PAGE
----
Almus is believed to have been the ancient name of the Lom River. The Roman city of Almus is located on the Via Istrum, the Roman road going along the Danube, whose construction started during the reign of Emperor Tiberius (r. 19-37 AD).

Almus was also the starting point of a Roman road leading from the Danube to Serdica (today’s Sofia). It is believed that in Roman times the Danube port of Almus served both military and commercial vessels.

In the middle of the 5th century AD, Almus was captured and ransacked in the barbarian invasions of the Huns. It was later an important city in Early Byzantium, the medieval Bulgarian Empire, and the Ottoman Empire. During the Ottoman period the settlement was protected with a rectangular rampart.

Almus was mentioned in the 4th century AD Tabula Peutingeriana (the Peutinger Map showing cursus publicus, the road network in the Roman Empire, covering Europe, North Africa and parts of Asia), and was mentioned in the so called Antonine Itinerary (Itinerarium Antonini Augusti, “The Itinerary of Emperor Antoninus"), an Ancient Roman register of road stations.

Almus was marked on some Western European maps from the 16th-17th century. The name of Almus has been found in Latin inscriptions on epigraphic monuments explored by 19th and early 20th century archaeologists such as Bogdan Filov, Gavril Katsarov, Vaclav Dobruski, Felix Kanitz, and Konstantin Josef Jirecek.

The archaeological excavations of Almus have explored a 70-meter section from its western fortress wall, which is 2.2 meters wide, and was 200 meters long. The total area of the Almus Fortress is about 41 decares (app. 10 acres), and is shaped like a pentagon with round fortress towers at its angles.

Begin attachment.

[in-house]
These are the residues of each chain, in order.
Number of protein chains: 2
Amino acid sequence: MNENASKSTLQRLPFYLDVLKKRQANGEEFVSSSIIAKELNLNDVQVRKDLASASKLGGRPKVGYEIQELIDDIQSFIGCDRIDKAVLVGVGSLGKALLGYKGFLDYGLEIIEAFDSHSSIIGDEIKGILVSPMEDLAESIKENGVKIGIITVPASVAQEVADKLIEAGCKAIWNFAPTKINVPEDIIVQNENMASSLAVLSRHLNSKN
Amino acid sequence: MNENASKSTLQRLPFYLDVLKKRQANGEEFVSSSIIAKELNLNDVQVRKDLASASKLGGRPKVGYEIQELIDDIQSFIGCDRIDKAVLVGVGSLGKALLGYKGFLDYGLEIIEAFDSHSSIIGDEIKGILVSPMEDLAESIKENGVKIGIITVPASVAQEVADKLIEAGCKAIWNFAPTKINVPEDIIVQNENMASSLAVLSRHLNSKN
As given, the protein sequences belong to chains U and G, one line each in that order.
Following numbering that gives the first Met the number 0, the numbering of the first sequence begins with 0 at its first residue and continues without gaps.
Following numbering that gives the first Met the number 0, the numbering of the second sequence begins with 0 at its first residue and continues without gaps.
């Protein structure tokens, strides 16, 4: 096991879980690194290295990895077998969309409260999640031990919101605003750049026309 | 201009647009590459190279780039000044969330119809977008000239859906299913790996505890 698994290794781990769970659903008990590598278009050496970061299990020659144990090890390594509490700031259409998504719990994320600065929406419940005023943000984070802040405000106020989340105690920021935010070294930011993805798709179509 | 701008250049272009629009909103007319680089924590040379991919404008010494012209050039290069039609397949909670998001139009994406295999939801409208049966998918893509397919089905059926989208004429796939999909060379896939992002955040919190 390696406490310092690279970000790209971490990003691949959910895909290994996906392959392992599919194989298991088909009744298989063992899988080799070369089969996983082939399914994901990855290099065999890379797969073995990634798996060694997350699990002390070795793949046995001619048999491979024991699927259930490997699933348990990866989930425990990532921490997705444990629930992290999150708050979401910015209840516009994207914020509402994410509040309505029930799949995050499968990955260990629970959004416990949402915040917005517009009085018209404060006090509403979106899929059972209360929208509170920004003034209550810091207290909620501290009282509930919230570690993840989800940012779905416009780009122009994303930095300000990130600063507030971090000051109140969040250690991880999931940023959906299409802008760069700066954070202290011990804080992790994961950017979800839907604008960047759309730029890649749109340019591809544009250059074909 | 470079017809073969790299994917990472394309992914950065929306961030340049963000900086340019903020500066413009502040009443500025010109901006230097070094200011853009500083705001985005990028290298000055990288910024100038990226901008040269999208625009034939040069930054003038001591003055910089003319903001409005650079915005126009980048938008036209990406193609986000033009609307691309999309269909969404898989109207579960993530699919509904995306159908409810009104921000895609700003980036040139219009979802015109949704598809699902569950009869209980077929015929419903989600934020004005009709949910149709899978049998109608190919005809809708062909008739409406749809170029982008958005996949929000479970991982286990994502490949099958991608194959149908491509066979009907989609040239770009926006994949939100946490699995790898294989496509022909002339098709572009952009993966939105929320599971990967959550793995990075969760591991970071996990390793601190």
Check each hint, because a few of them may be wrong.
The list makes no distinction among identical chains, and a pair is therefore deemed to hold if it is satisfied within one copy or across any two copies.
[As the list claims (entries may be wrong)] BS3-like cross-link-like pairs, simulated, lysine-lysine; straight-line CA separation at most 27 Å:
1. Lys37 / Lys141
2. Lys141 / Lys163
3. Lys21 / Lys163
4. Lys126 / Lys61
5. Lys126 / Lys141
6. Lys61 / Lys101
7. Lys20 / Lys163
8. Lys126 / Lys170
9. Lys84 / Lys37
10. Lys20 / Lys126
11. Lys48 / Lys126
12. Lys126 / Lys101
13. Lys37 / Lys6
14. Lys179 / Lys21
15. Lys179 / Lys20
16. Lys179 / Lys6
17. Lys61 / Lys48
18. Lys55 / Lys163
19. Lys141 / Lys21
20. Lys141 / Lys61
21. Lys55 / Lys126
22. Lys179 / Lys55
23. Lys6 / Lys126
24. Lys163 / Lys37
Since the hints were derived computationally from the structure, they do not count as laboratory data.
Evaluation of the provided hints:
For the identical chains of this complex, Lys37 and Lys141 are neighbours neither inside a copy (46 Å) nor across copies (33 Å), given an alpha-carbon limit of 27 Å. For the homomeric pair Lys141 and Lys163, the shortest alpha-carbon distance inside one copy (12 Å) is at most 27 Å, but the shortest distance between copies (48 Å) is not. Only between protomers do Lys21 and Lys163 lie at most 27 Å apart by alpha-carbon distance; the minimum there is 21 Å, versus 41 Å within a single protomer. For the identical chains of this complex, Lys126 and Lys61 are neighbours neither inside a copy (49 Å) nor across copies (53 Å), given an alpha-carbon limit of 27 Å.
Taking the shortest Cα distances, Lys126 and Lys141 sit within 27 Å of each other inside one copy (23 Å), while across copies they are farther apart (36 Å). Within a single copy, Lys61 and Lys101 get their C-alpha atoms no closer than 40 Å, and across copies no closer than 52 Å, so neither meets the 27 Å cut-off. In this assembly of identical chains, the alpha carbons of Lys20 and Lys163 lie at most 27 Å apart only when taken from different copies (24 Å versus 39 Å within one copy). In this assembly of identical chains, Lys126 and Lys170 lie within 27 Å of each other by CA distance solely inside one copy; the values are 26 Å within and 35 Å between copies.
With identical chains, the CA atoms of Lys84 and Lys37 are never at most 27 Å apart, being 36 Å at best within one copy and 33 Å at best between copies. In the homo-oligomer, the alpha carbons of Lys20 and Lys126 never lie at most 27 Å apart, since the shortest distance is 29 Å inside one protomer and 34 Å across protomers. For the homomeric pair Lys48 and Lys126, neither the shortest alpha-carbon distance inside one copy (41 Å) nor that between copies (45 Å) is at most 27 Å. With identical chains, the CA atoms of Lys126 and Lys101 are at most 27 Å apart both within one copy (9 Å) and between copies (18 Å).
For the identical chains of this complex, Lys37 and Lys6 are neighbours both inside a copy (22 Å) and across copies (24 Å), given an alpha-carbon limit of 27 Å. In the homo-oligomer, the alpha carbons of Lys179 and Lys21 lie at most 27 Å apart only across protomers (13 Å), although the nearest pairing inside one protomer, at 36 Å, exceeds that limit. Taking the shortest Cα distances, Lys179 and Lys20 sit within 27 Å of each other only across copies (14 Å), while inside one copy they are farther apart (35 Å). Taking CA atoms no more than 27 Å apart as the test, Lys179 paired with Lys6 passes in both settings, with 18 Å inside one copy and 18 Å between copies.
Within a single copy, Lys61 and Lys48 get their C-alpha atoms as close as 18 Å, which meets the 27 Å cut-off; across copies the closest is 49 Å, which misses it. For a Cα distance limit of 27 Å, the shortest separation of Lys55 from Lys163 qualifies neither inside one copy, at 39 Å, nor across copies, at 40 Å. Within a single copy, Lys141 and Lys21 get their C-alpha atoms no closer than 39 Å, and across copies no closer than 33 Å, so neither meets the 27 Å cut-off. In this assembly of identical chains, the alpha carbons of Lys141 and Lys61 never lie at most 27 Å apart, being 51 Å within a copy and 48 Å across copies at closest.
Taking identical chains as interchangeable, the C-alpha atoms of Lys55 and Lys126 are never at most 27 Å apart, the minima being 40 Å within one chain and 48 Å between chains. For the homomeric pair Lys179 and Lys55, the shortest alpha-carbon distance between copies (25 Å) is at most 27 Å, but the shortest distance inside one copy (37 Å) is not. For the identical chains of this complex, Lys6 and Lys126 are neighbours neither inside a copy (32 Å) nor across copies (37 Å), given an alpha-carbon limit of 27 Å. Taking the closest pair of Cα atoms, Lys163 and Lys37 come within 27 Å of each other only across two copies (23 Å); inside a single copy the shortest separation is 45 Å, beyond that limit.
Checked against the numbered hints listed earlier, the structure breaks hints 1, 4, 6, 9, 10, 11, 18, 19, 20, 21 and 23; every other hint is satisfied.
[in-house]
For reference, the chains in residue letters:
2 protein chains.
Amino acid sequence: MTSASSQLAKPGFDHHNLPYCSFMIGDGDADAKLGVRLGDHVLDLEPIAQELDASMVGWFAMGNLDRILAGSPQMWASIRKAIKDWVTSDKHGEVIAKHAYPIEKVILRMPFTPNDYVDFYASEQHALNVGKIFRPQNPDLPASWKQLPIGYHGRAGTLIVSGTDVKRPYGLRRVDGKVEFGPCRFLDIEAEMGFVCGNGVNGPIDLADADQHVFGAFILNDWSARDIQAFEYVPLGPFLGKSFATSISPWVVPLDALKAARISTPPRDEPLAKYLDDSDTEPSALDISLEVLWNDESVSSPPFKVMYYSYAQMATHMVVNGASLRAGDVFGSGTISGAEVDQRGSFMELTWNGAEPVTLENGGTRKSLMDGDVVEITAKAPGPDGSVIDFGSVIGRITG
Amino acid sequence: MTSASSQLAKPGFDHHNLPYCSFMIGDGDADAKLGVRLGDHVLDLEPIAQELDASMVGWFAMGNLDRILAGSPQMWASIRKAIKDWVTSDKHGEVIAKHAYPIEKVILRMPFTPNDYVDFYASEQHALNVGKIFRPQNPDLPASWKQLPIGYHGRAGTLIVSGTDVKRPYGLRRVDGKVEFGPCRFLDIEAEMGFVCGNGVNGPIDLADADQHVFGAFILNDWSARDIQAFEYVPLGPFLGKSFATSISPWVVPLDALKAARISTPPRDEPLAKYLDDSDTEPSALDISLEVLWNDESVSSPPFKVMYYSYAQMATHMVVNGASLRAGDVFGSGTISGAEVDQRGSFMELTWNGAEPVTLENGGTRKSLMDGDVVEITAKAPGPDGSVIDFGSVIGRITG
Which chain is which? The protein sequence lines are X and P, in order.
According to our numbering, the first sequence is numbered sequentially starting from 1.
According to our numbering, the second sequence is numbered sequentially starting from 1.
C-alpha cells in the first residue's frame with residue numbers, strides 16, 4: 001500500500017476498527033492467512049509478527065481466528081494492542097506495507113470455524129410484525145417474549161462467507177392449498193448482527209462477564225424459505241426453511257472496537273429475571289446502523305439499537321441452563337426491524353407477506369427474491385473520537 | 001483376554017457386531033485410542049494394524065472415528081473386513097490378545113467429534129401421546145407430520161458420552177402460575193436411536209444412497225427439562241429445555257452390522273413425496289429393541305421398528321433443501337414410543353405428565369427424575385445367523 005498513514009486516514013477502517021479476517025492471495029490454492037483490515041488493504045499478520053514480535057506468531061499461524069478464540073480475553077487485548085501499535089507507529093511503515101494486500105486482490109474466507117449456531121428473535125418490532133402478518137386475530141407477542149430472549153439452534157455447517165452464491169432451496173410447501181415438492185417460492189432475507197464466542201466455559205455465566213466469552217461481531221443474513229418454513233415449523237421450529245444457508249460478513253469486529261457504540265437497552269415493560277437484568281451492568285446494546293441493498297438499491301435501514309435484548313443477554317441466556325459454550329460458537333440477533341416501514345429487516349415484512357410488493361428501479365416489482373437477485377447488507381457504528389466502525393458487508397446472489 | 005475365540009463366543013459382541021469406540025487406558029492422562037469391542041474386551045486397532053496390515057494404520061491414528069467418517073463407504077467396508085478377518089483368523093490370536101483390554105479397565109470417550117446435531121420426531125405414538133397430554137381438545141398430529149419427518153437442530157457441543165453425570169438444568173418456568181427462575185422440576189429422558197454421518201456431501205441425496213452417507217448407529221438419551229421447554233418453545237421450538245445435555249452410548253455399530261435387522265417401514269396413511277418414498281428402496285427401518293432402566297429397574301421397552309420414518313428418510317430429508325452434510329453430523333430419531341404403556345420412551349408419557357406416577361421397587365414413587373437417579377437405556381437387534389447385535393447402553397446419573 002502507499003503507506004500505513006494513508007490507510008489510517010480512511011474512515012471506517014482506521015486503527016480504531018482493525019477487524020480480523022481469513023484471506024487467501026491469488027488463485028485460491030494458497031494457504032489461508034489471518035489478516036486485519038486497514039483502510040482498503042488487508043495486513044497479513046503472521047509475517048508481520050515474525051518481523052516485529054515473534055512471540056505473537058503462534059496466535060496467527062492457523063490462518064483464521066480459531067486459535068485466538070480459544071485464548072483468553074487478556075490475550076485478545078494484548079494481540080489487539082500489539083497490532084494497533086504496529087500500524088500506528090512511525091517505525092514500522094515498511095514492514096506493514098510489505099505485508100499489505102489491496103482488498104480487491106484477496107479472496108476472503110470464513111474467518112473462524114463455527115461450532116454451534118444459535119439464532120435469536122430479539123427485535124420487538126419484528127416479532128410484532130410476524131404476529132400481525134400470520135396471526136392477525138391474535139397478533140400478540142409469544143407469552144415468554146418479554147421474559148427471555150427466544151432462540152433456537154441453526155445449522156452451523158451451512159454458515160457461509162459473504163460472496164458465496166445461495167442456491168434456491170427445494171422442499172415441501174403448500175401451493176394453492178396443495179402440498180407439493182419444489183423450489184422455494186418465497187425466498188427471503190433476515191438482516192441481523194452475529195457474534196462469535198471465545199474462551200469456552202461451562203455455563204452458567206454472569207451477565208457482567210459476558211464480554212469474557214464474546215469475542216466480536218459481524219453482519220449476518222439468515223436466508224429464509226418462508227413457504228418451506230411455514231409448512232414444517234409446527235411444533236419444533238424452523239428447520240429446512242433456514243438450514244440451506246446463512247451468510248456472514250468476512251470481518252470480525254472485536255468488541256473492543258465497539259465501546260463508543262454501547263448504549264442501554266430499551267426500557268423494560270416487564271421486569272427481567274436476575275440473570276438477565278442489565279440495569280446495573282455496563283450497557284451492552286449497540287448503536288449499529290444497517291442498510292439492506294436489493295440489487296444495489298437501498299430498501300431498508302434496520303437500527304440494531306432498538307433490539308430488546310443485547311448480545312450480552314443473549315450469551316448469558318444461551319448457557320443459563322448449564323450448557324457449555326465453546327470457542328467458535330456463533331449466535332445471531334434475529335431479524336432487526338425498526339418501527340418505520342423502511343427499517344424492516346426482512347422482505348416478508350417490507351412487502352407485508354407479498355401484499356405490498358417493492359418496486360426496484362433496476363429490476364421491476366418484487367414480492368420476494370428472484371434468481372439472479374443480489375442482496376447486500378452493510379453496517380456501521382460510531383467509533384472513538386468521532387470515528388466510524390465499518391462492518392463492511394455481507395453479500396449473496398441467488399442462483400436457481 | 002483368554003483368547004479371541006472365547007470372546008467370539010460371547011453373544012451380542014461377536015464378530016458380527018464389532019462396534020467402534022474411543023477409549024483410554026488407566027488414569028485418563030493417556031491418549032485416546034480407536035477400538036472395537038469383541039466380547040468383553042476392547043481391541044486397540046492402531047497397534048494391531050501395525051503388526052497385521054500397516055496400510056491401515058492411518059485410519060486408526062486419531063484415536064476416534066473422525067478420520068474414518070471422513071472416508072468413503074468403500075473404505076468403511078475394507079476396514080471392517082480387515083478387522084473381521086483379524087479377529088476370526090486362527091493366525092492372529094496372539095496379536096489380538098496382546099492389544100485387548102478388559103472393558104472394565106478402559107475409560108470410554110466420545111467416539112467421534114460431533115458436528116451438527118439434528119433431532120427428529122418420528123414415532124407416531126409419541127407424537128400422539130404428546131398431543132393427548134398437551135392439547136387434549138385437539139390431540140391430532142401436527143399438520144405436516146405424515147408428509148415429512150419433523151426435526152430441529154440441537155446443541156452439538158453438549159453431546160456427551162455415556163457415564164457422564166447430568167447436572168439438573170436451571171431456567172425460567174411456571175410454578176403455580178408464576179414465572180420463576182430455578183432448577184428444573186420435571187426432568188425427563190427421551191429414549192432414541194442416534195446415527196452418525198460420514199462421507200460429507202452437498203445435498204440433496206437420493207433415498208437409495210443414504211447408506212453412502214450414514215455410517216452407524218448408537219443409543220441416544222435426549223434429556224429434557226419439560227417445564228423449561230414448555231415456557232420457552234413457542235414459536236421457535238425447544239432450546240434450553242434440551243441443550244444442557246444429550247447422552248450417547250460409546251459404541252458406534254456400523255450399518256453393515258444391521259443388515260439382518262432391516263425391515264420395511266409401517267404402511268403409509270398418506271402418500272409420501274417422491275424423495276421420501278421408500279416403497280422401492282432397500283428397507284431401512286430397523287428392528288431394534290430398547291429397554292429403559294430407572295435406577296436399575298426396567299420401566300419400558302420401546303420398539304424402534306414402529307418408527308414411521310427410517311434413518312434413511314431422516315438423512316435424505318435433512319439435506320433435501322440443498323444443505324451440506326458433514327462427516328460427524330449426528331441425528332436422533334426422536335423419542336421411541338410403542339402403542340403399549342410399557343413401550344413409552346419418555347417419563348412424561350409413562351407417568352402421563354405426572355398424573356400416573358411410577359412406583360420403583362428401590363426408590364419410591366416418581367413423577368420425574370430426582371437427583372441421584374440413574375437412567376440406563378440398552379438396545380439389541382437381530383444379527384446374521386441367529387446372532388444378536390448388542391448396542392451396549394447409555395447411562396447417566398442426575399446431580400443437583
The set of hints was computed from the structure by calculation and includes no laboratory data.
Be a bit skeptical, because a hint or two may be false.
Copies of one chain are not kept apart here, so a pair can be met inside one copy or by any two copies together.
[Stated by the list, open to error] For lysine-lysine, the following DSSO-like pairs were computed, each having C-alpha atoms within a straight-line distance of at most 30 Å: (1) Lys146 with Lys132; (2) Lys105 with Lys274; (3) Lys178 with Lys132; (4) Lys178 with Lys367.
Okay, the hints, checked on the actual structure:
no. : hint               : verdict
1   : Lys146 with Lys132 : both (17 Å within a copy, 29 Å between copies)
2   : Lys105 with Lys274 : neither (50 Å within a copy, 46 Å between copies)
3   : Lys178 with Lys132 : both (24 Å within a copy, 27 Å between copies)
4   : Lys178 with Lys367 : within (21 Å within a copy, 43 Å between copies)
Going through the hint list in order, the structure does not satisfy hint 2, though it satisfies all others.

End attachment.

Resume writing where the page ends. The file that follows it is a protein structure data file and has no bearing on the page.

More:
The discovered archaeological artifacts are stored in the Lom Museum of History. The Almus Fortress has not been restored even though it harbors great potential as a cultural tourism site. The fortress walls are made from river stones, and the city had two water pipelines – one made of clay, and another one made of lead.

It is believed that Almus did not develop crafts because of its proximity to Colonia Ulpia Ratiaria. The necropolis of Almus contains masonry graves, and sarcophagi.

Almus was discovered for modern-day archaeology in 1864 by Austro-Hungarian geographer and archaeologist Felix Kanitz. At the end of the 19th century it was explored by Dimitar Marinov and Czech-Bulgarian historian Konstantin Josef Jirecek. In 1925, an archaeological society called Almus was founded in the town of Lom.

Almus was granted the status of a “monument of culture of national importance" by the Bulgarian government in 1971. It was excavated in 1986-1990 by a team of the Lom Museum of History and the National Institute and Museum of Archaeology of the Bulgarian Academy of Sciences.